"FOMC members, who have been encouraging markets to price in a December lift-off, will be encouraged so far. A calm response in Emerging Market foreign exchange however, opens the way for Treasury yields to push higher. A break of 2.35 percent in 10-year Treasurys may see an acceleration to the upside, and the more U.S. yields rise the more the dollar will be supported but equally, the greater the risk of risk aversion returning," Kit Juckes, global fixed income strategist at Societe Generale, said in a research note on Monday.
Following the jobs data, Capital Economics tweaked its end of year forecast for 10-year Treasury notes to 2.5 percent from 2.25 percent.
"The broad-based strength of the U.S. employment report for October has prompted a significant reassessment of the prospects for monetary policy in the U.S. over the next few years, putting upward pressure on Treasury yields in the process. Nonetheless, we think investors are still underestimating the extent to which the federal funds rate will rise over the next couple of years and think the sell-off in the bond market has further to go," Brian Davidson, economist at Capital Economics, said in a report out Friday.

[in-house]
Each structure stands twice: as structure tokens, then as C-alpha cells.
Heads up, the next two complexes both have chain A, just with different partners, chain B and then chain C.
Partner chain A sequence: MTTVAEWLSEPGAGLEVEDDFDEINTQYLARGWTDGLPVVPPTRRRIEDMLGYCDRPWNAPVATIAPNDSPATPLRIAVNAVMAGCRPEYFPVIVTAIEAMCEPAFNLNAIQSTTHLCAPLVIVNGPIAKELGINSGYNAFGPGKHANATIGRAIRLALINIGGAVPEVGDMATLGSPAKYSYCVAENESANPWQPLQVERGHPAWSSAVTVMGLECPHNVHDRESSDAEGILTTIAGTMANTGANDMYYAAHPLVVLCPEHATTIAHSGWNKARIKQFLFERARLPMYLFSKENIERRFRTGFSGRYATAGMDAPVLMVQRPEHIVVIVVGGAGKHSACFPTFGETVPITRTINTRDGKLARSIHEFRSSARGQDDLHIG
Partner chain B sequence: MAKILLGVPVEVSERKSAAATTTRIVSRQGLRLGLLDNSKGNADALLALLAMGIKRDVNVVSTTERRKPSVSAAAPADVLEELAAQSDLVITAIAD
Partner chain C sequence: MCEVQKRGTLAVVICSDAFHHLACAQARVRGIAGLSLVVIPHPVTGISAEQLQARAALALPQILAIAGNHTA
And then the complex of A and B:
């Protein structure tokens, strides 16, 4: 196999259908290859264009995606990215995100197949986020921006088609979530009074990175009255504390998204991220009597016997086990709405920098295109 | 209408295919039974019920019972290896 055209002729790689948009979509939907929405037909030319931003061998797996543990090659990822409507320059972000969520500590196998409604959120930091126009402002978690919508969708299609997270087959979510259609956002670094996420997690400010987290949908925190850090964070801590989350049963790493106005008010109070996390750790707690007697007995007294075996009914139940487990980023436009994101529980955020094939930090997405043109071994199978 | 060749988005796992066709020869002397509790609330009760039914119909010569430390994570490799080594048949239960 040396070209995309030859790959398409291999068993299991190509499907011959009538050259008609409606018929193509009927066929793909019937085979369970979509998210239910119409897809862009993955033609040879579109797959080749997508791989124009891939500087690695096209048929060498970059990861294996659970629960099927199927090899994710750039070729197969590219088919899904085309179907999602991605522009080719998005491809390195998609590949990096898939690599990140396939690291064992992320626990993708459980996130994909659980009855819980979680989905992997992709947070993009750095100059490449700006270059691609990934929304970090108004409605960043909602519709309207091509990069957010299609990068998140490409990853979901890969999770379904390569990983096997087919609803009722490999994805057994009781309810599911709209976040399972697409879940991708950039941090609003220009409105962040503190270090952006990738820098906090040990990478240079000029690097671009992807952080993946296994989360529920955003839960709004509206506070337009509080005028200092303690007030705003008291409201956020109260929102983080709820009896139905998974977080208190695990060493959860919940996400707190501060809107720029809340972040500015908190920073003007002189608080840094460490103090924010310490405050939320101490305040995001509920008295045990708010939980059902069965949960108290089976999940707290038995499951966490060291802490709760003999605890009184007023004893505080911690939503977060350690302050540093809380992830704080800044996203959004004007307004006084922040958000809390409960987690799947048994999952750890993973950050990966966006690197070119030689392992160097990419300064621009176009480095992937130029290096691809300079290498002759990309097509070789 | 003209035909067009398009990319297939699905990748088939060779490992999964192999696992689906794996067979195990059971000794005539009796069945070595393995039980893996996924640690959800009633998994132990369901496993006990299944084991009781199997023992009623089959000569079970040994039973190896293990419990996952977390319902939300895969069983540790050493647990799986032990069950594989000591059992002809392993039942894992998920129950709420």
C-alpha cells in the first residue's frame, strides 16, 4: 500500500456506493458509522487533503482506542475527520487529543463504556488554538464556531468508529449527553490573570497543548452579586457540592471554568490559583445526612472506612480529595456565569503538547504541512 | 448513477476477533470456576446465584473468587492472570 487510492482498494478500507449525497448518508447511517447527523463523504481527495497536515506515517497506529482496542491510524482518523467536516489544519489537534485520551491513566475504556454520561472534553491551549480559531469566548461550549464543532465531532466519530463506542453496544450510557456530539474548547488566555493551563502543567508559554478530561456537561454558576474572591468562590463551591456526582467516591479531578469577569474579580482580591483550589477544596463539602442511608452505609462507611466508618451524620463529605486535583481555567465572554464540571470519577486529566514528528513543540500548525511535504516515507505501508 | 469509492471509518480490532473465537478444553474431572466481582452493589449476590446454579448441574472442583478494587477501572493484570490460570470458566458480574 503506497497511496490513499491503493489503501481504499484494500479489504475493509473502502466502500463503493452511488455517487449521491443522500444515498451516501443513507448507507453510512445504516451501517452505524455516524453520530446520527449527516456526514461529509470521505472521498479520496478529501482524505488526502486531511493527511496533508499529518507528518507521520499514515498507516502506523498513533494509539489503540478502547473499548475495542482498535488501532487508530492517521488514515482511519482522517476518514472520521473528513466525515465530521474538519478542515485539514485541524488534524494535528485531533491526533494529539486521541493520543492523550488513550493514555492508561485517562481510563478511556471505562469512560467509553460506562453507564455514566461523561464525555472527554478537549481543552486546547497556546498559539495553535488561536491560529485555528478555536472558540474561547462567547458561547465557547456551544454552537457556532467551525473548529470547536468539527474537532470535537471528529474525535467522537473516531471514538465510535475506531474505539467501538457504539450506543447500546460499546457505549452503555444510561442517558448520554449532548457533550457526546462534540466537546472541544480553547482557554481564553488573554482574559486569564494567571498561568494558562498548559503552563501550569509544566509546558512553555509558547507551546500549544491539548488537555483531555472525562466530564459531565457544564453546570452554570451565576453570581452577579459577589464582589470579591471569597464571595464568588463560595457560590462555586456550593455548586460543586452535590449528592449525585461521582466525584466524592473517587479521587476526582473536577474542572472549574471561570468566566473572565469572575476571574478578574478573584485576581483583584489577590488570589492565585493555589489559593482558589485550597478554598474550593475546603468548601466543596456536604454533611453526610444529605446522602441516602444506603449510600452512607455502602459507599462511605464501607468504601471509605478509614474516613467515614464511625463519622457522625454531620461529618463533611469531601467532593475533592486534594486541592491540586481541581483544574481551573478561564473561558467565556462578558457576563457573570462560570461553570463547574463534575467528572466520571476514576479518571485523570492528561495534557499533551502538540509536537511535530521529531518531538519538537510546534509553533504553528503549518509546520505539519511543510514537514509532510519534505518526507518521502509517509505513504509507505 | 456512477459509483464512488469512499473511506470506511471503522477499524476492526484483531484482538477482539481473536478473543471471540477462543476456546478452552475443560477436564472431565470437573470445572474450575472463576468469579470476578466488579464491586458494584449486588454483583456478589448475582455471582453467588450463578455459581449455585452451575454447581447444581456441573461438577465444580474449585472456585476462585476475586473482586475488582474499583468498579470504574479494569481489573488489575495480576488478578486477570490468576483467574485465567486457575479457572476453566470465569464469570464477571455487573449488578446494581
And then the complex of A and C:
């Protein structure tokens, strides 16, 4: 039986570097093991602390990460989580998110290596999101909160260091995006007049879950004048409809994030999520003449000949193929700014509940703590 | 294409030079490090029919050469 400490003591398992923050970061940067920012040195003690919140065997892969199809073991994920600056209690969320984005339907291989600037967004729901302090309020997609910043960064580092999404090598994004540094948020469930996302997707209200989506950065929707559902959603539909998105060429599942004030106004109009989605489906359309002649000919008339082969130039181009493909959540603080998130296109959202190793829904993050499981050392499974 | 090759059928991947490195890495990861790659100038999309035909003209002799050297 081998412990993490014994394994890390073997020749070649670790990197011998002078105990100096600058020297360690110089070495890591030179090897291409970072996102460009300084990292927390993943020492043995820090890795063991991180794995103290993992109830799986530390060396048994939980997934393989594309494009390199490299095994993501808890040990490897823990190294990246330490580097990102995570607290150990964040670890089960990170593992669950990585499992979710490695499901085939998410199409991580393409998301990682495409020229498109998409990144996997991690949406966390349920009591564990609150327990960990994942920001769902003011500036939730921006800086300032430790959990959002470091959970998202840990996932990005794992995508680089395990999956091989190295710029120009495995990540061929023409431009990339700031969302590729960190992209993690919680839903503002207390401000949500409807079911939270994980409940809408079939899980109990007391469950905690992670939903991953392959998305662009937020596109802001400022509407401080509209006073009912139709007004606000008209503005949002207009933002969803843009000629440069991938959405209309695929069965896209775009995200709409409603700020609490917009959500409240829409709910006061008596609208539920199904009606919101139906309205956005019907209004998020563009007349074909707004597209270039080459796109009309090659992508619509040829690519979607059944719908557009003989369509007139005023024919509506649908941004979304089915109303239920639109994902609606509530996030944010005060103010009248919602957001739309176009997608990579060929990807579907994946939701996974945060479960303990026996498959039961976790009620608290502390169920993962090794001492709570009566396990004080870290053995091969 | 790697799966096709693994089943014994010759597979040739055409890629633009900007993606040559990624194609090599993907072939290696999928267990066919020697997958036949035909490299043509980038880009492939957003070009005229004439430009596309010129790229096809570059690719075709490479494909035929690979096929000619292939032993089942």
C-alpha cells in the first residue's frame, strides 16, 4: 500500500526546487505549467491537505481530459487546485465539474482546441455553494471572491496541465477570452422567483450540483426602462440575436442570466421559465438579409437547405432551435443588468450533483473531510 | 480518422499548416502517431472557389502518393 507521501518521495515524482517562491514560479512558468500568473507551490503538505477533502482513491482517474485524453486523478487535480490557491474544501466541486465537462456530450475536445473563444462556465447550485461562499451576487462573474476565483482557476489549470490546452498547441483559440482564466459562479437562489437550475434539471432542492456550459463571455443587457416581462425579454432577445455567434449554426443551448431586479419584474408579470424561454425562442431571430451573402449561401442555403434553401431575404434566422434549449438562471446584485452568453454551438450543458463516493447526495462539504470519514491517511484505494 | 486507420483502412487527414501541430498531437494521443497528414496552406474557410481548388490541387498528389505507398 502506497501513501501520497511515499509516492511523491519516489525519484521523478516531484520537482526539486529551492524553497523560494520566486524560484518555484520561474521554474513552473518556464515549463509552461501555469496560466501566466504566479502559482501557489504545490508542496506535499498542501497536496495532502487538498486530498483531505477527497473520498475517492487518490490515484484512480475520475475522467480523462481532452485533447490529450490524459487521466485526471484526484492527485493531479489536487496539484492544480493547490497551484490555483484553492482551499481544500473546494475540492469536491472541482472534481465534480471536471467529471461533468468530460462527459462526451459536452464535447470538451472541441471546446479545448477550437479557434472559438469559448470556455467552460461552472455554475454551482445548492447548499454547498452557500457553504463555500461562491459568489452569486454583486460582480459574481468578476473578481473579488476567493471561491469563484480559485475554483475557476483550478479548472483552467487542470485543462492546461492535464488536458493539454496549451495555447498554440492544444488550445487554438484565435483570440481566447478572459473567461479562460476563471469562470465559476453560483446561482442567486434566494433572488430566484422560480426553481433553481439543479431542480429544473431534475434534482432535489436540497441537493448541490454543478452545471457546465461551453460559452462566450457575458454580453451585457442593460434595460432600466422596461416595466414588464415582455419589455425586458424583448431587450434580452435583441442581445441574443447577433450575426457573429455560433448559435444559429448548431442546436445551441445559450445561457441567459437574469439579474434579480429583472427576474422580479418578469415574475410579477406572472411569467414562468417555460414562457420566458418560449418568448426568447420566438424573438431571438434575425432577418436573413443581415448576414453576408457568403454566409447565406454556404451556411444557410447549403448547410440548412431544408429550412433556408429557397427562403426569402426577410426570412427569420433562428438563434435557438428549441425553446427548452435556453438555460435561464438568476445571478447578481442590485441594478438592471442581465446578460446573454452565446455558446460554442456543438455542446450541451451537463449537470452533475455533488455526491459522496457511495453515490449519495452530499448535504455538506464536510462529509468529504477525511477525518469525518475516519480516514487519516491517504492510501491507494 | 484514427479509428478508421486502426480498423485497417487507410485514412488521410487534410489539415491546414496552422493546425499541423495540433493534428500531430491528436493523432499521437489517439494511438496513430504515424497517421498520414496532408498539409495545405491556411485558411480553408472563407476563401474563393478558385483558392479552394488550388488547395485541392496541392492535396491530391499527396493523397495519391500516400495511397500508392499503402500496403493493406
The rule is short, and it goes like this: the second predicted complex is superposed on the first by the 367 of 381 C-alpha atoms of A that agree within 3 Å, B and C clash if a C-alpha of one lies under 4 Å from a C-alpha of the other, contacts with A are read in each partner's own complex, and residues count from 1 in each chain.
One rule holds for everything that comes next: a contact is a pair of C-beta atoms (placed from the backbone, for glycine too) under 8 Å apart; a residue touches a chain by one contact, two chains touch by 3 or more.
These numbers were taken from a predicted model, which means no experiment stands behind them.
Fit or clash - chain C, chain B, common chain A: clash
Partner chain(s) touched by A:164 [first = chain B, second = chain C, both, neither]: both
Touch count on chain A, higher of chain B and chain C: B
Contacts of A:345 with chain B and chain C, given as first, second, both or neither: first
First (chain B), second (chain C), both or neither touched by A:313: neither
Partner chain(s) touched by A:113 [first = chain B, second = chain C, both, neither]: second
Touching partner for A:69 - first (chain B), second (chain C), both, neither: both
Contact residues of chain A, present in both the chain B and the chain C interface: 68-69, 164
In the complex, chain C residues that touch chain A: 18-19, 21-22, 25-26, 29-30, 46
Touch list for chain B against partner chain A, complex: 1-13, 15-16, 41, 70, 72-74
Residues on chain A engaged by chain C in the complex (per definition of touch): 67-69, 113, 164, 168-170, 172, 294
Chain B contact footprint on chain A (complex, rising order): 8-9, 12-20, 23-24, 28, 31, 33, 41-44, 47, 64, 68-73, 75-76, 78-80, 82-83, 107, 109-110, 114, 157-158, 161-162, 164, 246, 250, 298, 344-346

Bew added that any significant move in the world's bond markets would occur after the Fed hiked, not before.
"If we don't see some sort of adjustment in the bond market over the next couple of years, that's telling you something really pretty alarming about the state of the world economy," he told CNBC.